By 1913 much of Stanford’s expression of his Irish identity had adopted a more political mantle. A staunch Unionist and a follower of Craig and Carson, he opposed all thought of Home Rule for Ireland and vehemently supported Ulster’s cause. This is notably overt and deliberate in the Fourth ‘Ulster’ Rhapsody of 1914. By contrast, the Third Rhapsody, which features the cantabile tone of the solo cello, is a more reflective, restrained work, rather melancholy in demeanour. Structured in two parts, the first section, over twice the length of the second, is an introverted, yet deeply melodious, yearning threnody and is conceived very much as an extended ‘song’ in the way it develops the generous three-part phraseology of ‘The Fairy Queen’, a melody he most likely drew from Edward Bunting’s collection of Irish folk tunes of 1796 (and which was ascribed to Carolan, the early eighteenth-century Irish harper and composer). A livelier second section, analogous perhaps to the operatic ‘cavatina-cabaletta’ constructions Stanford knew so well from Italian opera, is a lively Irish jig based on the Munster tune ‘The Black Rogue’ (a double-jig which Stanford included in his edition of the Petrie Collection published between 1902 and 1905 with the title ‘Brigid of the fair hair’). Much of the jig is boisterous in character, yet a shorter, slower section returns nostalgically to the mood of the first section, even making brief reference to its melodic material, before the jig returns to form an energetic conclusion.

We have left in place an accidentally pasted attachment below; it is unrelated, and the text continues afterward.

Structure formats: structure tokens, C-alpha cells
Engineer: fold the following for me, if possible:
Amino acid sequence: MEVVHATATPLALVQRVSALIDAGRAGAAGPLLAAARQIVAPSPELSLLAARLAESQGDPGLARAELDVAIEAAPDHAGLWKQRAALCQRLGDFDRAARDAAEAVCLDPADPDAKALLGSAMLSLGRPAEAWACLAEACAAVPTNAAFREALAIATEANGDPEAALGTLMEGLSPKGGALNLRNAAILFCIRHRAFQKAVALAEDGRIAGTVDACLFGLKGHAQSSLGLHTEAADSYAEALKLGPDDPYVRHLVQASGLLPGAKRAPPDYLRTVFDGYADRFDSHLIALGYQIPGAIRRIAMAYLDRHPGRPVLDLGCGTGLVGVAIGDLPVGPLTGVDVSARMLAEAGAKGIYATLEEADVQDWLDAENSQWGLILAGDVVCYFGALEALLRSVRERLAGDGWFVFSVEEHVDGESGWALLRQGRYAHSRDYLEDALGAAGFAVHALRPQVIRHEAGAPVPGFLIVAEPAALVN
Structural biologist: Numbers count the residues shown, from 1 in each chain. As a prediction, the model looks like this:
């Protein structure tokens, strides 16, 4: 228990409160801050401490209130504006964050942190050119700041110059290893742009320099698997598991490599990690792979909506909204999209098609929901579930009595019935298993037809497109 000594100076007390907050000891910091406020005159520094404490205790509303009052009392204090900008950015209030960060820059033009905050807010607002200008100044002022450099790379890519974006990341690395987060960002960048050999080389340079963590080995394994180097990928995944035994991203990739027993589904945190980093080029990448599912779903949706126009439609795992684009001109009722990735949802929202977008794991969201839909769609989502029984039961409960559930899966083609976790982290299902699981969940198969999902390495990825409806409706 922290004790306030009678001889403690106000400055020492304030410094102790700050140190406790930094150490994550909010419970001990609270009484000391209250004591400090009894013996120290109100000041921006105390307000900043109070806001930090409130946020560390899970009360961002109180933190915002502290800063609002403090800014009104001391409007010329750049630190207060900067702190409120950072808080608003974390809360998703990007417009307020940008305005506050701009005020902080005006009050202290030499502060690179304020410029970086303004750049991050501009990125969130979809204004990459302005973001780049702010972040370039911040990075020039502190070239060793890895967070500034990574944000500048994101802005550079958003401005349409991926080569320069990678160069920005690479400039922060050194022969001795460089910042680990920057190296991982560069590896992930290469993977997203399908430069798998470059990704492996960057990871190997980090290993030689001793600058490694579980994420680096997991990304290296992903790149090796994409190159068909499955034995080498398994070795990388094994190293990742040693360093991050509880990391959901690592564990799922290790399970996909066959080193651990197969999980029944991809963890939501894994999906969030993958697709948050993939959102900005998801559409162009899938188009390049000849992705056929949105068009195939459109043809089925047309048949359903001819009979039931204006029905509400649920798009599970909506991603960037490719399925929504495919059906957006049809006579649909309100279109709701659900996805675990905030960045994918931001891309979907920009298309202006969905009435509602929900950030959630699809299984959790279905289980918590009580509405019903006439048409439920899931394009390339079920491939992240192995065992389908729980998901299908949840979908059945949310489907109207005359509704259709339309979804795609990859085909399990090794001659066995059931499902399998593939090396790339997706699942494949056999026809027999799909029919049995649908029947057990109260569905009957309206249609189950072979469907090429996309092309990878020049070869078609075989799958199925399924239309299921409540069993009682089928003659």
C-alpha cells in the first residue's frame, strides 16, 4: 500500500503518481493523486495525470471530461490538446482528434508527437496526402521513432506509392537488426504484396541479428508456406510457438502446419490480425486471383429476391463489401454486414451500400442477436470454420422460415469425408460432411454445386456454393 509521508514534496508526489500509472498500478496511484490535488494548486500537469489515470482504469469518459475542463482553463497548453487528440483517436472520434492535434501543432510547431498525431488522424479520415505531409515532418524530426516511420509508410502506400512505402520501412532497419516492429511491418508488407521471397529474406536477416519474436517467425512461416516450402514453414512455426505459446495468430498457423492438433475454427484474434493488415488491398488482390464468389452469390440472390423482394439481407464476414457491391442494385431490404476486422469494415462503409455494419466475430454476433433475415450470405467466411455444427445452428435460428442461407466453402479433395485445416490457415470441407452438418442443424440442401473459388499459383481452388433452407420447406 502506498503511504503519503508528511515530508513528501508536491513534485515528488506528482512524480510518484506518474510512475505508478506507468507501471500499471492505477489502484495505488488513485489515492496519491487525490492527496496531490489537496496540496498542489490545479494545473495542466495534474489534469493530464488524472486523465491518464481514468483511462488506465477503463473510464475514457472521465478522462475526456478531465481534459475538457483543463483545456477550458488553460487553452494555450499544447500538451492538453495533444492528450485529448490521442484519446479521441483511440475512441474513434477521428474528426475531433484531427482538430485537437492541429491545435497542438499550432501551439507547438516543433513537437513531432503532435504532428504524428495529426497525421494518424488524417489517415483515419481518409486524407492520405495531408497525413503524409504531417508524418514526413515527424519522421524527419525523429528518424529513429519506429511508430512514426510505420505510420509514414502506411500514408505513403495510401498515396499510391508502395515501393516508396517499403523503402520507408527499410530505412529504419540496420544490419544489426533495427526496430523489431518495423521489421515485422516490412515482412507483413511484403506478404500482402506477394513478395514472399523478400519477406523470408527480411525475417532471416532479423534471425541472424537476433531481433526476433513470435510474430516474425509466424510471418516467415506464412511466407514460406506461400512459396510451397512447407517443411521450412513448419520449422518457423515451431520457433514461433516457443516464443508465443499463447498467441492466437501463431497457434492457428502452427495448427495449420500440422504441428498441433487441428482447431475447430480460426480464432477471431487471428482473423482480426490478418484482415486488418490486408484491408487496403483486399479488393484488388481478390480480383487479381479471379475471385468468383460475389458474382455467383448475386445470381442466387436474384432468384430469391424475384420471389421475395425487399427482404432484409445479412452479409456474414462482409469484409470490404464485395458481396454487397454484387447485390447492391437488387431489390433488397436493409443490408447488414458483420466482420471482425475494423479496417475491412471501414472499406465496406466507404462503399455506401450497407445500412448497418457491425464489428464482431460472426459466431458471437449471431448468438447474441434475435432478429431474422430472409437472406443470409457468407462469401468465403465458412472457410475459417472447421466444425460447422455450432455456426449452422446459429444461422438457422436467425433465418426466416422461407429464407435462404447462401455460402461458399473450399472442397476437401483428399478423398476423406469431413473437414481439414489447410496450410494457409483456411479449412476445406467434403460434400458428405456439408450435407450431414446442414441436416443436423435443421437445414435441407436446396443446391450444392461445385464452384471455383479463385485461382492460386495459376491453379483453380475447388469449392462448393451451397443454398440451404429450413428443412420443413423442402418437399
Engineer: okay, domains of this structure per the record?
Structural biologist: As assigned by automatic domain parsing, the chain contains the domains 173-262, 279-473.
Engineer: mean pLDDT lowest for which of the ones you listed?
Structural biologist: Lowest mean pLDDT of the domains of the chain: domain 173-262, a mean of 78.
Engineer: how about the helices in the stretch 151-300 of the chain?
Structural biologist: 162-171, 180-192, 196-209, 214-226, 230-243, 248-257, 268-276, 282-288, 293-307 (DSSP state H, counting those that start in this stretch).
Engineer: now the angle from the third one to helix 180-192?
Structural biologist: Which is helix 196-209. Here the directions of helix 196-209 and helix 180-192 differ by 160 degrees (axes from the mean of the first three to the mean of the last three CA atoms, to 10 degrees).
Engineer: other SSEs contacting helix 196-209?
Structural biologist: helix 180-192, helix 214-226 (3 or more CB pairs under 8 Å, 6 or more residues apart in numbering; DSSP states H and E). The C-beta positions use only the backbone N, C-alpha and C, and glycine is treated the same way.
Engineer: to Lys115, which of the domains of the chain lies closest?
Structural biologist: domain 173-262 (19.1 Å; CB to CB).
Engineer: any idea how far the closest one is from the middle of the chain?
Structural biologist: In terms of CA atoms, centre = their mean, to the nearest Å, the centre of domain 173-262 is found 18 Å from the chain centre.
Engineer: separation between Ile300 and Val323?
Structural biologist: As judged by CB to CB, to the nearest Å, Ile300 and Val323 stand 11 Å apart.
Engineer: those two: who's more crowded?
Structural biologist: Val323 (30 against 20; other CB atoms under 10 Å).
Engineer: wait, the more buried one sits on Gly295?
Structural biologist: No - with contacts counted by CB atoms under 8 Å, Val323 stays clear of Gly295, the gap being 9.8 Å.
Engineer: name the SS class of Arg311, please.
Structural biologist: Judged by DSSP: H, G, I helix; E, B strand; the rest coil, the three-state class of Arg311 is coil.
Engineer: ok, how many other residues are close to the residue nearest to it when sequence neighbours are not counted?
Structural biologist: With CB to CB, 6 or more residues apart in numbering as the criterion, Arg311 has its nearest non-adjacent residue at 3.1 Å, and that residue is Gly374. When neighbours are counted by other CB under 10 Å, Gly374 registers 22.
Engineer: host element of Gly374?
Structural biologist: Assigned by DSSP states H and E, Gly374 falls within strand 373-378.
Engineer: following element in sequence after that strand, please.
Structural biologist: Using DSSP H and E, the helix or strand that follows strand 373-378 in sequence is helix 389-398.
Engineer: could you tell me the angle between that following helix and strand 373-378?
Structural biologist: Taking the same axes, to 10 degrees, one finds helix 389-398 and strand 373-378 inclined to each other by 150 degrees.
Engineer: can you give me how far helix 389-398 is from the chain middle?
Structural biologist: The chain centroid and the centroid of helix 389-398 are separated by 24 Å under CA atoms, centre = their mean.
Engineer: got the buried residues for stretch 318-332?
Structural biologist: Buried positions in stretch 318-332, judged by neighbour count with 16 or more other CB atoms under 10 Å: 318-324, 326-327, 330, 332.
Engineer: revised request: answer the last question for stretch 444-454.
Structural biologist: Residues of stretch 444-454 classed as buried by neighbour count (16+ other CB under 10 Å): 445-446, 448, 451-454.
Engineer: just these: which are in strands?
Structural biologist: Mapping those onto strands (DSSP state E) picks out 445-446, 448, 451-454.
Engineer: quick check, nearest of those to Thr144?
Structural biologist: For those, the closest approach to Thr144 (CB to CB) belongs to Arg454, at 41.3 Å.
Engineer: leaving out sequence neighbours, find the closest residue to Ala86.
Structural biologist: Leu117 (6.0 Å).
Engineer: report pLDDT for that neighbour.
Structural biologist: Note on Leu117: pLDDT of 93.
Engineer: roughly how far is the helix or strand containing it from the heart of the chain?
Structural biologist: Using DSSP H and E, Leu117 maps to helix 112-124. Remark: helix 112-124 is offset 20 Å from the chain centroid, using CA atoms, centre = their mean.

from notes by Jeremy Dibble © 2011